As originally conceived, the Direct Sales Market was a great idea -- a way for dealers to create a stock of back issues, and for fans to be able to purchase those back issues at reasonable prices. But even back at the very beginning, my spider-sense tingled. I saw in the DSM a great potential for disaster, more and more as the Companies began shifting product to "Direct Only" status. Yes, the DSM saved (or at least prolonged) books like MICRONAUTS, which had reached cancelation point on the newsstand. But, ultimately, was that such a good idea?

About a decade ago, a poor old Collie turned up on my front porch one day. She was in terrible shape, and obviously abused. Of course I took her in, and also took her to the Vet. He found all sorts of things wrong with her, and judged that she had probably spent her life in a puppy farm, constantly pregnant. Having passed beyond the stage where she was a useful breeder, she had been taken to a nice neighborhood and dumped. A "kindness". Think of the DSM as the "nice neighborhood" for comics.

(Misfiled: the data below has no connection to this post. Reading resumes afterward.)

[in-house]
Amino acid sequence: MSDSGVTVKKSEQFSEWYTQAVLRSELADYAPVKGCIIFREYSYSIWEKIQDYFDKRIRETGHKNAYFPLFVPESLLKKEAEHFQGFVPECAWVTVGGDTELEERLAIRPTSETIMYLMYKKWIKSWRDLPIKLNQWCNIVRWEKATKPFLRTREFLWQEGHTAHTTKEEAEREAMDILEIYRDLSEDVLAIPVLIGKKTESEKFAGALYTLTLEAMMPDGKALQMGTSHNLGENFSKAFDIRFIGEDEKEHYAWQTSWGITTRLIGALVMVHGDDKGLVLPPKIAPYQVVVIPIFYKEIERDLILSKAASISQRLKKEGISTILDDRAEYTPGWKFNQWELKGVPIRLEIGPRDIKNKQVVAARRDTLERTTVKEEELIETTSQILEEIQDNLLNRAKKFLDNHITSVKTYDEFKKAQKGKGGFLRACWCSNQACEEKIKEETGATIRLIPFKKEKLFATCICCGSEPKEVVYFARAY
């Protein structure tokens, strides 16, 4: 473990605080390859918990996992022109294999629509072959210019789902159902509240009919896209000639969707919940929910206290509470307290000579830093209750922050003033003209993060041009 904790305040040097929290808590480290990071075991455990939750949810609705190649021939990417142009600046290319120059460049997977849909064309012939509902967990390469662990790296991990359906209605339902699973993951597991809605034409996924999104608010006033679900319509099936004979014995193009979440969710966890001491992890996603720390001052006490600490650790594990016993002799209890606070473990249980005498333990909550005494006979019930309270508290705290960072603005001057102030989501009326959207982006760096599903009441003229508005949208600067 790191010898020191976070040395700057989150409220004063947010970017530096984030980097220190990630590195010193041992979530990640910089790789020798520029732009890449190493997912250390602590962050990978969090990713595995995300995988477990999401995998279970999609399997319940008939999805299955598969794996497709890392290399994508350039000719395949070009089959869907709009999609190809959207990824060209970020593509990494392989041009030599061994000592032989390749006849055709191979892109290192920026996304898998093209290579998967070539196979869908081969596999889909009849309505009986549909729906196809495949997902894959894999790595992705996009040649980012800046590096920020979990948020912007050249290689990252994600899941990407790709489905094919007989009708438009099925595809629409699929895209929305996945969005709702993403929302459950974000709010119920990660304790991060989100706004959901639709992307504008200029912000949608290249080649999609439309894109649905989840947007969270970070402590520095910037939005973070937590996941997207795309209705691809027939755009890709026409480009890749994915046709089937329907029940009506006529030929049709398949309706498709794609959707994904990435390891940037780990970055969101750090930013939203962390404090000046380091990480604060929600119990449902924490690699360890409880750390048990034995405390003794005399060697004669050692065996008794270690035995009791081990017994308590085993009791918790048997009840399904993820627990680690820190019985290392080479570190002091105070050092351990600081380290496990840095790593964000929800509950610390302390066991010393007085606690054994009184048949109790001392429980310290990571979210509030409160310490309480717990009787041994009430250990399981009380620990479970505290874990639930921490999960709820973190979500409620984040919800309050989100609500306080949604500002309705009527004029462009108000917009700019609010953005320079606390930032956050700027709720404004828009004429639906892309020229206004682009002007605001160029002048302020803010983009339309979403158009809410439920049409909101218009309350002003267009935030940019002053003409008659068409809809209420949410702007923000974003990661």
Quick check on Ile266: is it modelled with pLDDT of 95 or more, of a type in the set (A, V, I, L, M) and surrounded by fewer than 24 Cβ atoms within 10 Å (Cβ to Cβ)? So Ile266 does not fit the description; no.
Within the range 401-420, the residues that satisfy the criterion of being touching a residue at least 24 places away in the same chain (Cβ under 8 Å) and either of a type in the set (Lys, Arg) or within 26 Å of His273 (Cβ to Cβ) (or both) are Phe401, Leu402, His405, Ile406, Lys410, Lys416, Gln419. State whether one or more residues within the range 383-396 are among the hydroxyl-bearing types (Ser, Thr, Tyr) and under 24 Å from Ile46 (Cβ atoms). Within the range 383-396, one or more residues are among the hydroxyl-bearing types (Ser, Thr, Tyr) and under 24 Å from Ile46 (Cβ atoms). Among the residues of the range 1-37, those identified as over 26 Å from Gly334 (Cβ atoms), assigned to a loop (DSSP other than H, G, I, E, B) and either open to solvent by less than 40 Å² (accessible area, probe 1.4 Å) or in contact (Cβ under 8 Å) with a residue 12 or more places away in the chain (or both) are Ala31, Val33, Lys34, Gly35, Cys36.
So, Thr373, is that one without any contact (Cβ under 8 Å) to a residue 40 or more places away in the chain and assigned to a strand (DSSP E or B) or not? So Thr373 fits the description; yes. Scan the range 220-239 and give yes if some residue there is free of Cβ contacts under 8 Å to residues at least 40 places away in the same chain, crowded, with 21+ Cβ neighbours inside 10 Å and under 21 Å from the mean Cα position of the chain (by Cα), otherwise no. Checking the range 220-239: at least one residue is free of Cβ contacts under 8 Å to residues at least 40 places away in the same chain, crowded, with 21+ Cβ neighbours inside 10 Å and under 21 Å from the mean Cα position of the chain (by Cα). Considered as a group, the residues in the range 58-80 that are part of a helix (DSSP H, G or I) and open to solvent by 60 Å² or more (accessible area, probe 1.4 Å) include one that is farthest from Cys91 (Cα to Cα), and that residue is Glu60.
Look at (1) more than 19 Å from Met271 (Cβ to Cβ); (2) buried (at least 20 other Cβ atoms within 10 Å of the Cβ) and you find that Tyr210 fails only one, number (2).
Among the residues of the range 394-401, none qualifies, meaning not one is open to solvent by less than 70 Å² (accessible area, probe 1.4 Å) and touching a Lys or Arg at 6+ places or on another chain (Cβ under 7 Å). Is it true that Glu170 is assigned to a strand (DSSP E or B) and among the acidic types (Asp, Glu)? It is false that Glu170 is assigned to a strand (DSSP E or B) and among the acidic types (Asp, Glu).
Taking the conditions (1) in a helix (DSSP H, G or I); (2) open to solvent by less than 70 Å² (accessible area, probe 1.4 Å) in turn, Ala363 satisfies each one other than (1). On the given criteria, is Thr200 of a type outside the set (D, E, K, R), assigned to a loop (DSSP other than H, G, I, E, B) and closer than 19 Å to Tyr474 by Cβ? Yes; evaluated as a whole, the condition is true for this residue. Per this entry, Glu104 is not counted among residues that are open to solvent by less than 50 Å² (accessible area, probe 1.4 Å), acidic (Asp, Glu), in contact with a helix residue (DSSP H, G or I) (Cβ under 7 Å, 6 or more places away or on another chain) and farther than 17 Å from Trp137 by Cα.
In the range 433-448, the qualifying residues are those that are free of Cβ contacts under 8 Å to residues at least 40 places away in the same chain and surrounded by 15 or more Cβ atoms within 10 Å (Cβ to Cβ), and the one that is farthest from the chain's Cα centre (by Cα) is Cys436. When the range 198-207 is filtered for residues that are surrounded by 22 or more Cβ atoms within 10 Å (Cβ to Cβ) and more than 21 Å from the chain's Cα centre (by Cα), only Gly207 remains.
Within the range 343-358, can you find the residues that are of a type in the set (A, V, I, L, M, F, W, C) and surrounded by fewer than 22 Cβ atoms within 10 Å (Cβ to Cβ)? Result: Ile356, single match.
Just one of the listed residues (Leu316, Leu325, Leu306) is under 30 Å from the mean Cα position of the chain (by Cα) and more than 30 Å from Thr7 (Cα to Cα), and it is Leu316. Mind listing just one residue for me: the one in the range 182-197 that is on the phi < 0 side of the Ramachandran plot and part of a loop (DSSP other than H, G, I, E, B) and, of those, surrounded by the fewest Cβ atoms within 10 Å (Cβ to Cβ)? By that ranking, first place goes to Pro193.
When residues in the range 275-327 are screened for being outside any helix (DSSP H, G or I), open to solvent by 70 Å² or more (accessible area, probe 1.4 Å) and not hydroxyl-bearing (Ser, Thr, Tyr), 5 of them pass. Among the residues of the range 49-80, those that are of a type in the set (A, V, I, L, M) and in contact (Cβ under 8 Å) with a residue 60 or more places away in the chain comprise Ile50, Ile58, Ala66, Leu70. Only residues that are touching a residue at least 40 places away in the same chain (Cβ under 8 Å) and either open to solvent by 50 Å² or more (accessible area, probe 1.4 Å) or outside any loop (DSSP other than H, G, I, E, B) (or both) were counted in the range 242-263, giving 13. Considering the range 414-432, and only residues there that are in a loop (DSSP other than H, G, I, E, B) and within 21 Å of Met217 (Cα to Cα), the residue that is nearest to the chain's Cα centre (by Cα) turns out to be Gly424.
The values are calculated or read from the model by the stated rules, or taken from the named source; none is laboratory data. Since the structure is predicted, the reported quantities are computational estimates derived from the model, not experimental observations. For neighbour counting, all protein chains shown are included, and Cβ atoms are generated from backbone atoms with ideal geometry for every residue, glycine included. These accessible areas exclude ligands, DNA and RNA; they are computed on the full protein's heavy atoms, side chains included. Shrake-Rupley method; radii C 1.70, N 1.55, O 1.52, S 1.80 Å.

I had the poor old dog for about a year and a half, making constant trips to the Vet, in the end spending about $5000 on her, before the final trip, when the Vet informed me that, yes, he could do one more medical "patch", but that was all it would be. She was in such bad shape that all I was doing was postponing the inevitable. So we decided to end her sad life. It was quick and it was painless -- at least for her. Think of that euthanasia as perhaps what would have been a better idea for many of those comics "saved" by the DSM.